Goodness only knows what Northland will produce this year.
They could be the team of the tournament - an incredible mix of the outrageous and eclectic with Rene Ranger and Rupeni Caucaunibuca in their ranks.
They won't be predictable certainly. There's not a chance of that with one of the form midfielders in world rugby this year and arguably the best wing of the past decade working in tandem.
Ranger and Rupeni - that's a serious combination; those two alone make Northland the most fascinating team in the ITM Cup.
Those two alone will ensure that the Taniwha begin their campaign this Saturday against Waikato with a plausible chance of snaring the Ranfurly Shield for the first time since 1979.
Northland won't necessarily need much possession to win games this year. They will be able to live on scraps, as Ranger won't need much ball at all at this level to cause excessive damage.
At this level, he'll be deadly, given he's more than a handful at Super Rugby.
As for Rupeni, no one really can be sure but the indications to date are promising: "Rupes has done a few things in training recently that have actually caused the other boys to stop because they just can't believe what they are seeing," says Northland coach Derren Witcombe.
"We see Rene as a centre for us and Rupeni will be on the wing. He's in pretty good shape. He was 119kg when he got off the plane [from Fiji] but he's probably about 110kg at the moment.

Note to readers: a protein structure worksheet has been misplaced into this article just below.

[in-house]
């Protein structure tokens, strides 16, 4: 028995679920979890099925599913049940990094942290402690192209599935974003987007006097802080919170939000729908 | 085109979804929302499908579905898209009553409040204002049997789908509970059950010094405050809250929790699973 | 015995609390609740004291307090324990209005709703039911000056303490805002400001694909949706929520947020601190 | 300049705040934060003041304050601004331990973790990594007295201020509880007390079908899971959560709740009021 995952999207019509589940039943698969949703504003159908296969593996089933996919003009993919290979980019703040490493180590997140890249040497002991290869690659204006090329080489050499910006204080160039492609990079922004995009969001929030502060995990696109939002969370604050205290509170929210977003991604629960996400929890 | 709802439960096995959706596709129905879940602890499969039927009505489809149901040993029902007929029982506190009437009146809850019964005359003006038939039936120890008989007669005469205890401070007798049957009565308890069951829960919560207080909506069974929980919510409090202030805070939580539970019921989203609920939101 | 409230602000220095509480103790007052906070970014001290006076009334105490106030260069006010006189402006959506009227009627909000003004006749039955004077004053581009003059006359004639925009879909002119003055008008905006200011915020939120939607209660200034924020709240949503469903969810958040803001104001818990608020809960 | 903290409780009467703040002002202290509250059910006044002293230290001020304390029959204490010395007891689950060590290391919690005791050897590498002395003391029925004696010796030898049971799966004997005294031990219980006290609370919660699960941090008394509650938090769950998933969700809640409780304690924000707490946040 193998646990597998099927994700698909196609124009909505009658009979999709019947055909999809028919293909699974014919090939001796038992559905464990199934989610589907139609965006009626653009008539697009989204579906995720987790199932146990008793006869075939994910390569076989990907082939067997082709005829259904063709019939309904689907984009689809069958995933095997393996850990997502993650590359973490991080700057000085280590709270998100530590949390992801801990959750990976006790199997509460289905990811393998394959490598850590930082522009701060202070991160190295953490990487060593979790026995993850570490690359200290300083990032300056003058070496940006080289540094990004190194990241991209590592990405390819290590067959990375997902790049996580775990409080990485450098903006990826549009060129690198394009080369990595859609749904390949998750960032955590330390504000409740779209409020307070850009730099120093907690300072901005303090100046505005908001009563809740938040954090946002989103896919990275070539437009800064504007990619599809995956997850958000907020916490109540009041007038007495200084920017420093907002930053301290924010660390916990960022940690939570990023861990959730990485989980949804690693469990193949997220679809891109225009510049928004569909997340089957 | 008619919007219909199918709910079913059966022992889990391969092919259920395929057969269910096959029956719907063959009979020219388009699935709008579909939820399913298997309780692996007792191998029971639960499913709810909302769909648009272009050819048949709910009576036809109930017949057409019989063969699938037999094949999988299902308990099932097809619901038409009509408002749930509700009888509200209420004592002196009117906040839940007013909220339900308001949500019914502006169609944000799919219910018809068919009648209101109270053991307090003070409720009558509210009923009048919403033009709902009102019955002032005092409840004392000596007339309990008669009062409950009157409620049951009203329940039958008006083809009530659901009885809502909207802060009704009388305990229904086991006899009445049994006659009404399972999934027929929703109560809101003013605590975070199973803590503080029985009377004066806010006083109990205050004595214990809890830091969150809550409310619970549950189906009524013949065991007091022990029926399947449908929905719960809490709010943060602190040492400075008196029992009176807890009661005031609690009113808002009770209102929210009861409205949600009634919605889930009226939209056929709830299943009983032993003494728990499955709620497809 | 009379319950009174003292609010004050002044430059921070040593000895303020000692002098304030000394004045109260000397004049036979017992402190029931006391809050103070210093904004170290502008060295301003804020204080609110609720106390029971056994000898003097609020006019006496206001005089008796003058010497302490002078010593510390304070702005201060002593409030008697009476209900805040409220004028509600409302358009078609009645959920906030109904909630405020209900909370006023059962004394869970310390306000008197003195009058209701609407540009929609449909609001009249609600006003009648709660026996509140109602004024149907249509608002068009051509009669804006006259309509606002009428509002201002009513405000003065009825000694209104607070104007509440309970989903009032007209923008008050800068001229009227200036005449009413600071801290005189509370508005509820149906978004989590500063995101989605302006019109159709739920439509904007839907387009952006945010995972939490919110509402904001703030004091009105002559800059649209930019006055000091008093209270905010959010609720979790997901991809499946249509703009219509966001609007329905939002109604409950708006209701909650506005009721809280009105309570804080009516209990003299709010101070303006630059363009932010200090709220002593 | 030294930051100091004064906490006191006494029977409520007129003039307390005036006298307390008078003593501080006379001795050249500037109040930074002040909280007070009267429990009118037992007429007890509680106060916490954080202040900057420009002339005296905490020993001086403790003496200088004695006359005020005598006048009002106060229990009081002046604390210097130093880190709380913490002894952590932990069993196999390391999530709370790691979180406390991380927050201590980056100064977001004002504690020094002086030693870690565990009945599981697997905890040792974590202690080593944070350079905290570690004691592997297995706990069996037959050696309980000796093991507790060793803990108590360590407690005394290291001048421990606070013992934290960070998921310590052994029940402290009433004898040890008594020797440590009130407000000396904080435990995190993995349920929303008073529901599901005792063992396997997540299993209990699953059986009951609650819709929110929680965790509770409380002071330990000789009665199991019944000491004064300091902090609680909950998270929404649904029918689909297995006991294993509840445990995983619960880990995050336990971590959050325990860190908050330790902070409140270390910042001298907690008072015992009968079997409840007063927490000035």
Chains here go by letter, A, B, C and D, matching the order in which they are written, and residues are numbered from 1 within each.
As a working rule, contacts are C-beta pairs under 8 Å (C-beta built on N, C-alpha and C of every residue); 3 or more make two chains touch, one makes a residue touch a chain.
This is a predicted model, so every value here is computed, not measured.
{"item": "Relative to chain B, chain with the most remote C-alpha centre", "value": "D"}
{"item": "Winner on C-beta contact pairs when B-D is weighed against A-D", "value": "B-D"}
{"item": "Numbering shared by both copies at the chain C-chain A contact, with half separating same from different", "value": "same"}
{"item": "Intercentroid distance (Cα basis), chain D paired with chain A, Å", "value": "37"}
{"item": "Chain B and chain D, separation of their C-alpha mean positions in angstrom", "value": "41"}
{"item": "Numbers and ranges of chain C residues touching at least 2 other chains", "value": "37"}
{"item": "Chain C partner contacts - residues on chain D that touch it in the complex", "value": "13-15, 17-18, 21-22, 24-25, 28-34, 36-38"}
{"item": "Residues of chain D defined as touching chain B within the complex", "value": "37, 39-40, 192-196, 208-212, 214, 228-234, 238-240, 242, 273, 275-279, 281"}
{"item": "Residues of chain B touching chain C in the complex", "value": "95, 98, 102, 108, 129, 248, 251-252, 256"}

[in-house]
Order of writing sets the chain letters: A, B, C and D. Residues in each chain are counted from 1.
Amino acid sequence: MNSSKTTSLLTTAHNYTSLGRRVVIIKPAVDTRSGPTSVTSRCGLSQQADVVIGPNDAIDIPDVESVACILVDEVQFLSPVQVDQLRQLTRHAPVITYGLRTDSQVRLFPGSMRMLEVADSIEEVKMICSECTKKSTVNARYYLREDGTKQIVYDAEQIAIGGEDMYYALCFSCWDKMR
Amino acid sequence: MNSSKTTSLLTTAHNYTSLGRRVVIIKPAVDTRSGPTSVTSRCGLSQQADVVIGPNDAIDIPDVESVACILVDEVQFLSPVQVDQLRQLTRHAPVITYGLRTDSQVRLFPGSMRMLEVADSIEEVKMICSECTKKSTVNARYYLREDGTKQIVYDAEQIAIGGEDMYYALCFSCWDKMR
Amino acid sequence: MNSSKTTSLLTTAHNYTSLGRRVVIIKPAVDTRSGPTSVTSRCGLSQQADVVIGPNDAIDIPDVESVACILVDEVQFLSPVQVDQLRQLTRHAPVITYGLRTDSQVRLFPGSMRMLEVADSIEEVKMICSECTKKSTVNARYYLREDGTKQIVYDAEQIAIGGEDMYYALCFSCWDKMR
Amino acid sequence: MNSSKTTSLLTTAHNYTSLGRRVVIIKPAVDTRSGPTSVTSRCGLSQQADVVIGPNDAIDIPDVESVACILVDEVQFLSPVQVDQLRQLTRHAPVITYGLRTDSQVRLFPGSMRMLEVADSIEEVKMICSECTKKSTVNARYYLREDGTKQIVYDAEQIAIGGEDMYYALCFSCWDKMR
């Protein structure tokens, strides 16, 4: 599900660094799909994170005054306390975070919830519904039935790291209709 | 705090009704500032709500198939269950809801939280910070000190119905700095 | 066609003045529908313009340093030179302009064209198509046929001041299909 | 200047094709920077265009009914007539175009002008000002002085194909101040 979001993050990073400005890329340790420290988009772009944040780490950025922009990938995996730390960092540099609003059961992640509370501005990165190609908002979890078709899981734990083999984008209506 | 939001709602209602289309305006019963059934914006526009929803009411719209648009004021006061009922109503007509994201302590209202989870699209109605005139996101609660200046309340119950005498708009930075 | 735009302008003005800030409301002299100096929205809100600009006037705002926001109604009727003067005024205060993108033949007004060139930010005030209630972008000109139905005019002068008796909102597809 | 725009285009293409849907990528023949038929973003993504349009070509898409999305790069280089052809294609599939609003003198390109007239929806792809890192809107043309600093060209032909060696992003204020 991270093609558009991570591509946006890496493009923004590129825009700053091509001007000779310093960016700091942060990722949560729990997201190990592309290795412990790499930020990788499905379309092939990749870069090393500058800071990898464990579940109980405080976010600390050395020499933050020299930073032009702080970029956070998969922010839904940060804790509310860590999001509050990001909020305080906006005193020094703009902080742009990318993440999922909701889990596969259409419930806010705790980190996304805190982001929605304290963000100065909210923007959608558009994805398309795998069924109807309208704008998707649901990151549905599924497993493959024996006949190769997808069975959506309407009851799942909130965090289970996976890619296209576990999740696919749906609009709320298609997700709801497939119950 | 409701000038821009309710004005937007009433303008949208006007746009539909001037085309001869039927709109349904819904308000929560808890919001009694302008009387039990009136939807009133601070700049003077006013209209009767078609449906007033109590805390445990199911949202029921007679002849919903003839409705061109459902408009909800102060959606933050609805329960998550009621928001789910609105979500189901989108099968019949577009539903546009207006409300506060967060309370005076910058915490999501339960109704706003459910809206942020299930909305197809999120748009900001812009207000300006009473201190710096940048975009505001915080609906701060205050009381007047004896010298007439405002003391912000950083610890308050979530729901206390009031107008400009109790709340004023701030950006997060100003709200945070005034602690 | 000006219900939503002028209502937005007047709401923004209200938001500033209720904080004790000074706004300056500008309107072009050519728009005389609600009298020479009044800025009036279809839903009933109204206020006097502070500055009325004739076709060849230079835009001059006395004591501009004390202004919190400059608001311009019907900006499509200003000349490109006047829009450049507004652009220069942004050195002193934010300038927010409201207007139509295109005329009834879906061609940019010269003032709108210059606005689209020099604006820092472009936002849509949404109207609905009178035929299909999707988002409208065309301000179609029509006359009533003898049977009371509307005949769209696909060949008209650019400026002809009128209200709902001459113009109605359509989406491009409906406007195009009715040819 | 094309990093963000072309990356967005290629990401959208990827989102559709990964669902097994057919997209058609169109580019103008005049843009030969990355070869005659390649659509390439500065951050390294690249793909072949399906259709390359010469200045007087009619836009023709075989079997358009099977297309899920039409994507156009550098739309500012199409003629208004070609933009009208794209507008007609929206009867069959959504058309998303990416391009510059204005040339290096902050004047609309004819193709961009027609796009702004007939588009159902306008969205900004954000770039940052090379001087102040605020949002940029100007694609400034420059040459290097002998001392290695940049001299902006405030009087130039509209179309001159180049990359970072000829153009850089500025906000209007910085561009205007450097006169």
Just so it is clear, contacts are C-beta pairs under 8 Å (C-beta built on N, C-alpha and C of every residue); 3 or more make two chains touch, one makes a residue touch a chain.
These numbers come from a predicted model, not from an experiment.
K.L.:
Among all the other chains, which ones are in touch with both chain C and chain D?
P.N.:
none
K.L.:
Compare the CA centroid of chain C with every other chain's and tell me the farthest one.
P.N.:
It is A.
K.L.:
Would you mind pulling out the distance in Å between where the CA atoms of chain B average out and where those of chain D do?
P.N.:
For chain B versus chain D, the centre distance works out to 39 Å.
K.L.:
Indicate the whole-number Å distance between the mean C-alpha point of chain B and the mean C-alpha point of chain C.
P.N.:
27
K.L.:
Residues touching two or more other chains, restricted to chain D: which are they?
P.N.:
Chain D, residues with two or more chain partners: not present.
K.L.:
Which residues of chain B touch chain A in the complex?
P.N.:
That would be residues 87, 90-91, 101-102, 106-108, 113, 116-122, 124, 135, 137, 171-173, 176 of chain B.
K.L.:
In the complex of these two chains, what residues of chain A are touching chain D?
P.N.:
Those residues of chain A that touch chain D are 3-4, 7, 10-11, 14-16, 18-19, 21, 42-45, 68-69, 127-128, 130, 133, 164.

"He fluctuates - he's been down to about 107kg but he's trained well and looks good. And the thing about Rupes is you never really know. He often plays better than he trains."
It was always a risk for Northland to sign Rupeni, one of the most talented but troubled characters in the world game. Quite what they would get when they made the decision a few months back, they could never be sure.
In his prime, Rupeni was arguably the best wing in the world. He was probably more than that; in 2003 and 2004, when he played for the Blues, he was probably the best wing in world rugby since Jonah Lomu, with several men who have played with both even going so far as to say they felt the Fijian was the more spectacular. But his window was brief. There were two brilliant seasons in Auckland and a World Cup experience where he scored two of the tournament's best tries.
The instant he left the Blues, his troubles began. The weight piled on; the injuries mounted; his life became one bizarre saga after another with several bust-ups with his French club Agen; a failed drugs test and multiple strange episodes of him going missing.
Reliability is not Rupeni's bag but he's washed up in the Far North - where it all began for him professionally more than 10 years ago - virtually penniless.
It's all gone and, at 33, this is his last chance. If he can shine for Northland, then there might be one last contract somewhere else; maybe with a Super Rugby side in New Zealand, although that would be doubtful given his age and past history. More likely Japan or one more whirl in France.
"We actually played our first game for Northland together," says Witcombe, who also played with Rupeni at the Blues. "He was the best player in the world in my view. I'm not sure that he's still capable of playing as he did back then, but he's still capable of doing special things.
"We have given him an opportunity and he's very excited by that. It is up to him now. If he wants to go on to bigger and better things, then he's going to have to play well for Northland."
The presence of so much talent in the backline has led to Northland setting themselves the goal of reaching the final of the ITM Championship. It's definitely an achievable target.
In Bryce Williams, Bronson Murray and Jake Paringatai, they have three seasoned professionals with the nous and experience to lead a young pack.